The SEC initially rejected Grayscale’s filing over the same surveillance and market manipulation concerns it has had for all spot BTC ETF applications. However, when Grayscale appealed the decision to a higher judicial authority, a panel of judges found the SEC’s reasoning “arbitrary” and “capricious” — the SEC failed to show how spot BTC ETFs are any more dangerous than futures-based ETFs being traded today in the U.S. without issue.

This all means that Grayscale’s application is back in play, and the SEC doesn’t really have grounds to reject it again. Hurrah! Bitcoin traded up 4.5% early Monday morning, whhttps://www.coindesk.com/markets/2023/10/16/grayscale-gbtc-discount-narrows-to-near-2-year-low-as-sec-misses-etf-appeal-window/ile the discount on the Grayscale Bitcoin Trust (GBTC) narrowed to its lowest level since December 2021. Bloomberg analysts said there is a 90% chance ​​a bitcoin ETF will debut by Jan. 10.

The question now is whether Grayscale will be first through the ETF door. As mentioned, a number of traditional finance firms have edged in on the territory, including BlackRock, Fidelity and VanEck. Given the SEC’s hostility to crypto firms, it’s possible one of these offerings will be first to list — some even suspect SEC Chair Gary Gensler secretly urged BlackRock to file an application, given the numerous market surveillance tools it would apply.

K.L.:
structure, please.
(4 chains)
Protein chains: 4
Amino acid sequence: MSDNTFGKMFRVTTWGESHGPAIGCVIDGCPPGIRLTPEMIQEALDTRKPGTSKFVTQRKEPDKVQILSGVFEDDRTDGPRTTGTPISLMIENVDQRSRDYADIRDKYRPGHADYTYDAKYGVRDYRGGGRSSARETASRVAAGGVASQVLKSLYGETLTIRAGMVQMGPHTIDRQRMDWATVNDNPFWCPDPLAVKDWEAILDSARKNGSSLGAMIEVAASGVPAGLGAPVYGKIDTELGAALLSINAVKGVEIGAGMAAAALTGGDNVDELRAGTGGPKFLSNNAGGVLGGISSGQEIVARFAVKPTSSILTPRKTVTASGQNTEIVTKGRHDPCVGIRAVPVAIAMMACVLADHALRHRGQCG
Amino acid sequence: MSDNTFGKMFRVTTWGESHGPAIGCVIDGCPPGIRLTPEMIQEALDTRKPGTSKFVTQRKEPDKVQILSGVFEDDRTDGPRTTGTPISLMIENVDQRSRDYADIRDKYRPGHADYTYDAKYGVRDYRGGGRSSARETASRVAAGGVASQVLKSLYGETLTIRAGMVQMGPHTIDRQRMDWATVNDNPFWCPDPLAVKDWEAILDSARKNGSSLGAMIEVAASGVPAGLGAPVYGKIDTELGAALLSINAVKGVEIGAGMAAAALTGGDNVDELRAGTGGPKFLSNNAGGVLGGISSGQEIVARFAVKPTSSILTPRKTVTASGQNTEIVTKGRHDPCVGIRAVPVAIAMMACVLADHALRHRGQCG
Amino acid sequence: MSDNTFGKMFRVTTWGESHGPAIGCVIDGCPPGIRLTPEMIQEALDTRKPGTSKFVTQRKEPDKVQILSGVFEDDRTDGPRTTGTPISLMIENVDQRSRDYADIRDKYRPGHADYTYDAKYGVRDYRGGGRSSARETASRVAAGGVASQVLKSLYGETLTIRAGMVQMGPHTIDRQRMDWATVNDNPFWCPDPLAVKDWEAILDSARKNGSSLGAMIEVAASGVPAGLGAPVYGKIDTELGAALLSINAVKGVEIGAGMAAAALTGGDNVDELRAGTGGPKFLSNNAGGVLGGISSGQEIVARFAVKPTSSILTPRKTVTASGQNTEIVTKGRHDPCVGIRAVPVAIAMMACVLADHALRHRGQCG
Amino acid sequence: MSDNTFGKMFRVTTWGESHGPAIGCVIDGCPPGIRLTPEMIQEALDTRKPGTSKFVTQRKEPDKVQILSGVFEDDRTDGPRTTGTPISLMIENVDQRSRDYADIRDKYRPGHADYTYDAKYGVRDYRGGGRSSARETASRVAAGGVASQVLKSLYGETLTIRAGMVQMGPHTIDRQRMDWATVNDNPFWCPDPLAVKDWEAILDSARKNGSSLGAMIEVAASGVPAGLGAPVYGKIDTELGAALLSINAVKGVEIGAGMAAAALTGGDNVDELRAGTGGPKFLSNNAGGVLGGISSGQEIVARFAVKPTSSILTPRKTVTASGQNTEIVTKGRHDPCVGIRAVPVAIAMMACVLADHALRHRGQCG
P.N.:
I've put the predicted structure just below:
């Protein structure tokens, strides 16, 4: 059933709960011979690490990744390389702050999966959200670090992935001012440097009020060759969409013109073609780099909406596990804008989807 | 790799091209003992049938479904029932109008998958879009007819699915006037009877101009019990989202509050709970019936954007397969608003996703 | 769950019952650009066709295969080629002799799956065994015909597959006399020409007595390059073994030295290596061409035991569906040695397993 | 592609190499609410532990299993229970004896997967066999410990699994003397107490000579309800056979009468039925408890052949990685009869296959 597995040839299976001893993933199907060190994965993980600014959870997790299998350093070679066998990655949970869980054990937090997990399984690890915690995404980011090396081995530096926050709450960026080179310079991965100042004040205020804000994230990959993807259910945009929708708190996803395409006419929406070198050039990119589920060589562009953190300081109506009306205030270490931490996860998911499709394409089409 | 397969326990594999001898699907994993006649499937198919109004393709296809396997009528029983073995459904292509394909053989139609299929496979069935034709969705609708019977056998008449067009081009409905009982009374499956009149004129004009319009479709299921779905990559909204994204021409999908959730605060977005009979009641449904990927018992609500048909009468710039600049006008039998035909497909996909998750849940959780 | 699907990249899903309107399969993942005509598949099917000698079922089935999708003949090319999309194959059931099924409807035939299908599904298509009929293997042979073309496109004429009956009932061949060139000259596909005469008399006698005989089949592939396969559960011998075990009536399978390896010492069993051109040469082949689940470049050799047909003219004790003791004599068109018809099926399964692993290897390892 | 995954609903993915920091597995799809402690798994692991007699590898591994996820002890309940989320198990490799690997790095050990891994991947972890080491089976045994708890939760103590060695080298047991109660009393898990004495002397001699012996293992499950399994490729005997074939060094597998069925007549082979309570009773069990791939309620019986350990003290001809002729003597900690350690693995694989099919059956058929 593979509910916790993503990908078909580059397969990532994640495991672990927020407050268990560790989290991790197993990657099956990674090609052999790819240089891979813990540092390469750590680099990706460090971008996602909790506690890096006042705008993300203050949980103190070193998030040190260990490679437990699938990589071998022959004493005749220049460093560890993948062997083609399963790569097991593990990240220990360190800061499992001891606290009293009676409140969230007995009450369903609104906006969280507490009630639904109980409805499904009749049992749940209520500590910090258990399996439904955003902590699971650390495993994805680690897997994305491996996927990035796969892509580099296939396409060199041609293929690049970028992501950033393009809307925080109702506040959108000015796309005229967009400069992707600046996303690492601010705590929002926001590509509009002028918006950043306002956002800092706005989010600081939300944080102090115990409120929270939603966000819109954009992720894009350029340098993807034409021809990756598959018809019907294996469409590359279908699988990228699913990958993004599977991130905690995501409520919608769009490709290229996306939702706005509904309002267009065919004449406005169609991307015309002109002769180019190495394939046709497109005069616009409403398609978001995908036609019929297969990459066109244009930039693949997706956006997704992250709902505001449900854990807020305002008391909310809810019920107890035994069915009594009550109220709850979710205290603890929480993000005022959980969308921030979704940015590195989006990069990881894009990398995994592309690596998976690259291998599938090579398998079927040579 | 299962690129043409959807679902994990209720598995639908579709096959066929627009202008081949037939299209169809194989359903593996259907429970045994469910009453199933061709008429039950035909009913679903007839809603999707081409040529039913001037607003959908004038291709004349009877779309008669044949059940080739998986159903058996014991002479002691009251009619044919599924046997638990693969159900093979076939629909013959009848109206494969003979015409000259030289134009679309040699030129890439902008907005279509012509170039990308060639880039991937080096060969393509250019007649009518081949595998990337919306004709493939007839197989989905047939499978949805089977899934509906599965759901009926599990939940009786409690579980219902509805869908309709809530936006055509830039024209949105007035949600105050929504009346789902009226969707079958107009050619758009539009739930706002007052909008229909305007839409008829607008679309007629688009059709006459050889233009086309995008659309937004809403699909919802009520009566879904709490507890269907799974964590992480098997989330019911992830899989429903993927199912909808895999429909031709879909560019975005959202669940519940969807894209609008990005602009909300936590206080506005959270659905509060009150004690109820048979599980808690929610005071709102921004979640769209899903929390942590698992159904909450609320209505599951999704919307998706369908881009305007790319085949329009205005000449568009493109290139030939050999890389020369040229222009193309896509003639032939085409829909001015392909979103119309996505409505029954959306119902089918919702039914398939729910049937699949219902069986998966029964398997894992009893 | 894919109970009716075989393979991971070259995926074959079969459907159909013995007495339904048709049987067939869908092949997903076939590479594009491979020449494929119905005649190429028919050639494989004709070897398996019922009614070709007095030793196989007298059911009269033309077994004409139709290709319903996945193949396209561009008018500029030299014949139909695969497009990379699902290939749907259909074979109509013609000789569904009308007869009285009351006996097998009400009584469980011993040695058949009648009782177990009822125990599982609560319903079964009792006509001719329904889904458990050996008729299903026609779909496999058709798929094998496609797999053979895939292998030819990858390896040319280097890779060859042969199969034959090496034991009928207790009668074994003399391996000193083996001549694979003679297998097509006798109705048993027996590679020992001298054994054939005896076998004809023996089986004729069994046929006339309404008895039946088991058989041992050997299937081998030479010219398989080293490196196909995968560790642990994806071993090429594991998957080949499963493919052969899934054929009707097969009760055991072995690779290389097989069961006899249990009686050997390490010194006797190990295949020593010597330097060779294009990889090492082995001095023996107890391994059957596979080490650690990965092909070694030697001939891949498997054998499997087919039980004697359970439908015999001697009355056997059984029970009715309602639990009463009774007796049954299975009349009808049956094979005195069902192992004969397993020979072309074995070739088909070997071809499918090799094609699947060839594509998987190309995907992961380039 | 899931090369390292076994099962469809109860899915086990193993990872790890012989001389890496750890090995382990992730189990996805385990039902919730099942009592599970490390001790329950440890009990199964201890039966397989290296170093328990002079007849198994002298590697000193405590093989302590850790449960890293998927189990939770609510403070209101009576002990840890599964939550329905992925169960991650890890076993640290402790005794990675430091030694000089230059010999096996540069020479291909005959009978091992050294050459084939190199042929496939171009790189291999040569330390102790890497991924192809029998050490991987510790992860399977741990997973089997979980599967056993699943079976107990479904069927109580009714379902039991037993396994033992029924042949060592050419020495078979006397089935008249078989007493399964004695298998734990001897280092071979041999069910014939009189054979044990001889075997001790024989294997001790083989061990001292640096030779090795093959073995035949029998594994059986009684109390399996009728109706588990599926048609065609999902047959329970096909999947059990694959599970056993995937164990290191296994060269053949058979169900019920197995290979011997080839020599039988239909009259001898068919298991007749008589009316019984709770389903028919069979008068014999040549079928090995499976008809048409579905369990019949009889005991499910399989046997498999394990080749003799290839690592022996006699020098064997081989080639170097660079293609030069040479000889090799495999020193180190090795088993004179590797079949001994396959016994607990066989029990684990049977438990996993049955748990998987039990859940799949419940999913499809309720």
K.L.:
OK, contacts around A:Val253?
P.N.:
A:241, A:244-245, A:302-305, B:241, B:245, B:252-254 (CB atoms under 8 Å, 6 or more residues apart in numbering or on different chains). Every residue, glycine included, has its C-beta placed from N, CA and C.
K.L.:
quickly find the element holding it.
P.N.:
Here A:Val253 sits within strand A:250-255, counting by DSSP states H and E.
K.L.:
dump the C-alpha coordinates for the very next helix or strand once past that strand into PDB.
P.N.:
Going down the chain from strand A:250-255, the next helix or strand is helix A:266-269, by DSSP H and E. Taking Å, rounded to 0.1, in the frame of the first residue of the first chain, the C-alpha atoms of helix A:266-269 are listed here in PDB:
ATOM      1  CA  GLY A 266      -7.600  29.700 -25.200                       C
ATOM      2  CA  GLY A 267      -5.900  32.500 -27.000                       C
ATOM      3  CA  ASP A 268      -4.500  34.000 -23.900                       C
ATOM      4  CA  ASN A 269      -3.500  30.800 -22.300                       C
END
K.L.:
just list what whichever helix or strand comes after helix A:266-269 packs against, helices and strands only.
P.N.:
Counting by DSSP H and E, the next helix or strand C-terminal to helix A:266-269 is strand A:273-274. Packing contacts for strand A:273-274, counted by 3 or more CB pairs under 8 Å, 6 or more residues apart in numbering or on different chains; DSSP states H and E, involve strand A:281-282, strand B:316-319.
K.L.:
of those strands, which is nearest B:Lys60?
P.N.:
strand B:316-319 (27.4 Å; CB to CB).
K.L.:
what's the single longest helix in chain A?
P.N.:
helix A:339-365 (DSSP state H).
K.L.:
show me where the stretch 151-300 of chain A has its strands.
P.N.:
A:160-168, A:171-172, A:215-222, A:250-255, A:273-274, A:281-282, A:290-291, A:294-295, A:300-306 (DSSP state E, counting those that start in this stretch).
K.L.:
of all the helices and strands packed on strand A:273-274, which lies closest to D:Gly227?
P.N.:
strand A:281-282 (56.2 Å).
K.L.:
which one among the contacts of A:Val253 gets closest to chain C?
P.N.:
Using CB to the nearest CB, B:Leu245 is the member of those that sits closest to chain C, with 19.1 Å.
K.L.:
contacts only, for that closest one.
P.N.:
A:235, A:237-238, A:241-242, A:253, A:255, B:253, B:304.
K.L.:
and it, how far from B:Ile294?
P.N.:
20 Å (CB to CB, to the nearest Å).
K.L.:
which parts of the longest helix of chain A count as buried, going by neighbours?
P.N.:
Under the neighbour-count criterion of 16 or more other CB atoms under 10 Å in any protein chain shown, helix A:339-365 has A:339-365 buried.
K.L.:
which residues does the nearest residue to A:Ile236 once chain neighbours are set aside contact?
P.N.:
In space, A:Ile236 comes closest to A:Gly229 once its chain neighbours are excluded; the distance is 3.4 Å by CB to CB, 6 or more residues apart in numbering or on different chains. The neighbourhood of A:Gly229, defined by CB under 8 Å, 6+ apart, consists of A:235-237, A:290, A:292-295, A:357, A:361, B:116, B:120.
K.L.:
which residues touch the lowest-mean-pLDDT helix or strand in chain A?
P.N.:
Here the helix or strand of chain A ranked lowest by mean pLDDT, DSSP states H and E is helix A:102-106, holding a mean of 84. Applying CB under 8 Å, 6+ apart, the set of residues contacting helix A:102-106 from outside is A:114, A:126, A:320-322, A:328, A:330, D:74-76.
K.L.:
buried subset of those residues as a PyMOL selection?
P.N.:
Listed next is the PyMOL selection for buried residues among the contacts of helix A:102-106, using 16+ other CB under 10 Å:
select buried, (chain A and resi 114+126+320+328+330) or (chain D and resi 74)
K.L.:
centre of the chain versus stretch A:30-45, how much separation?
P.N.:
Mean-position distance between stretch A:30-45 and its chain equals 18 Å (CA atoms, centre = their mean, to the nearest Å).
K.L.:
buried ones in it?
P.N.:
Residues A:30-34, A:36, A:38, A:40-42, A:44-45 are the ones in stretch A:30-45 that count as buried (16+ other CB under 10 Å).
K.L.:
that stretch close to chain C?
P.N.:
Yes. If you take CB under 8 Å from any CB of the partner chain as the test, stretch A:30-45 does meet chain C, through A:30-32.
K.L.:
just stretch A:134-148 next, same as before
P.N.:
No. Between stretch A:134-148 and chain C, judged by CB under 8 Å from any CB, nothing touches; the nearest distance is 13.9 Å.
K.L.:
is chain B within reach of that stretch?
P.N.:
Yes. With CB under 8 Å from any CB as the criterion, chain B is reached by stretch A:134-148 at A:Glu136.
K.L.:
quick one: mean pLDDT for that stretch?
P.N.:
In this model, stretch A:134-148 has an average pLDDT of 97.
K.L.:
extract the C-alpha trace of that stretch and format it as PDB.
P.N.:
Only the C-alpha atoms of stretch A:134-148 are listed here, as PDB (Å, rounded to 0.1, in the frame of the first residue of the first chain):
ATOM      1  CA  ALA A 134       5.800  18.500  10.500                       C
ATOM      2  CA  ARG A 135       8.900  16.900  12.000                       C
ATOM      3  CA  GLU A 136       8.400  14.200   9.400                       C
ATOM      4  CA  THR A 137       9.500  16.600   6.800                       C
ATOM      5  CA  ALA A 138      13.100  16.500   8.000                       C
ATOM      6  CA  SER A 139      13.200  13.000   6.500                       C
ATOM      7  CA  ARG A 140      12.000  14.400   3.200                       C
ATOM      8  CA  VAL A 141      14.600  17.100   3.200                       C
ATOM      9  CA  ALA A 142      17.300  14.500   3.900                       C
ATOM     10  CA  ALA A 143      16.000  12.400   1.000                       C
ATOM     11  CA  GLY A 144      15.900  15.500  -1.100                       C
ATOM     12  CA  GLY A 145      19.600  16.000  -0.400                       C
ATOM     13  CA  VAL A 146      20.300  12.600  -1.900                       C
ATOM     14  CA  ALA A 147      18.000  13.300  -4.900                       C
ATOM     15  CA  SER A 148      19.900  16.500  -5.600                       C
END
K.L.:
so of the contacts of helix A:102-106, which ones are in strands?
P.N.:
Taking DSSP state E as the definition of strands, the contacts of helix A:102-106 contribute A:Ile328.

Though in another sense, it doesn’t quite matter who is first to market, but only whether the thesis that spot bitcoin ETFs will lead to a cascade of institutional interest and investment in BTC. Bitcoiners have been widely off the mark in the past when “not giving financial advice,” including on the claim that BTC is a hedge against inflation, destined to hit $100,000 or would be widely adopted as a global reserve currency.

The demand for ETF news is clear enough — as Blockworks reported, the Binance BTC/USDT market, which accounts for 8% of bitcoin daily trading volume, saw a 7% candle roughly 30 minutes after an unsourced, unproven tweet about BlackRock’s approval was posted. Mind you, this is in an industry that was already embarrassed by fake news that in 2022 WalMart was going to accept litecoin (LTC), a project that hasn’t been relevant since the year it was created.

Crypto markets are in need of fresh capital (especially after over $100 million in options were liquidated during the BlackRock spoof), and many are still hanging their hats on the idea that mass adoption can still come. The idea that ETFs will drive institutional adoption is plausible, but likely overhyped — like every other major crypto event known in advance from bitcoin halvings every four years to Ethereum’s “Merge,” people have traded the news even though in an efficient market those happenings would be “priced in.”

I think, to a large degree, interest in bitcoin ETFs stems from this never-ending need to find something to be hopeful about. Further, the fact that markets have been deprived of ETFs only makes them more tempting — similar to the industry’s calls for “regulatory clarity,” which will simultaneously restrain some activity while supposedly creating the foundation for future adoption, if any regulatory advancements are satisfying at all.

This may sound like a Freudian’s psycho-sexual interpretation of behavioral economics, but economies are made of people and people have drives and desires, including coveting what you don’t yet have. Crypto traders trade crypto, they are gluttons for punishment — what more evidence do you need?


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Daniel Kuhn

Daniel Kuhn is a deputy managing editor for Consensus Magazine. He owns minor amounts of BTC and ETH.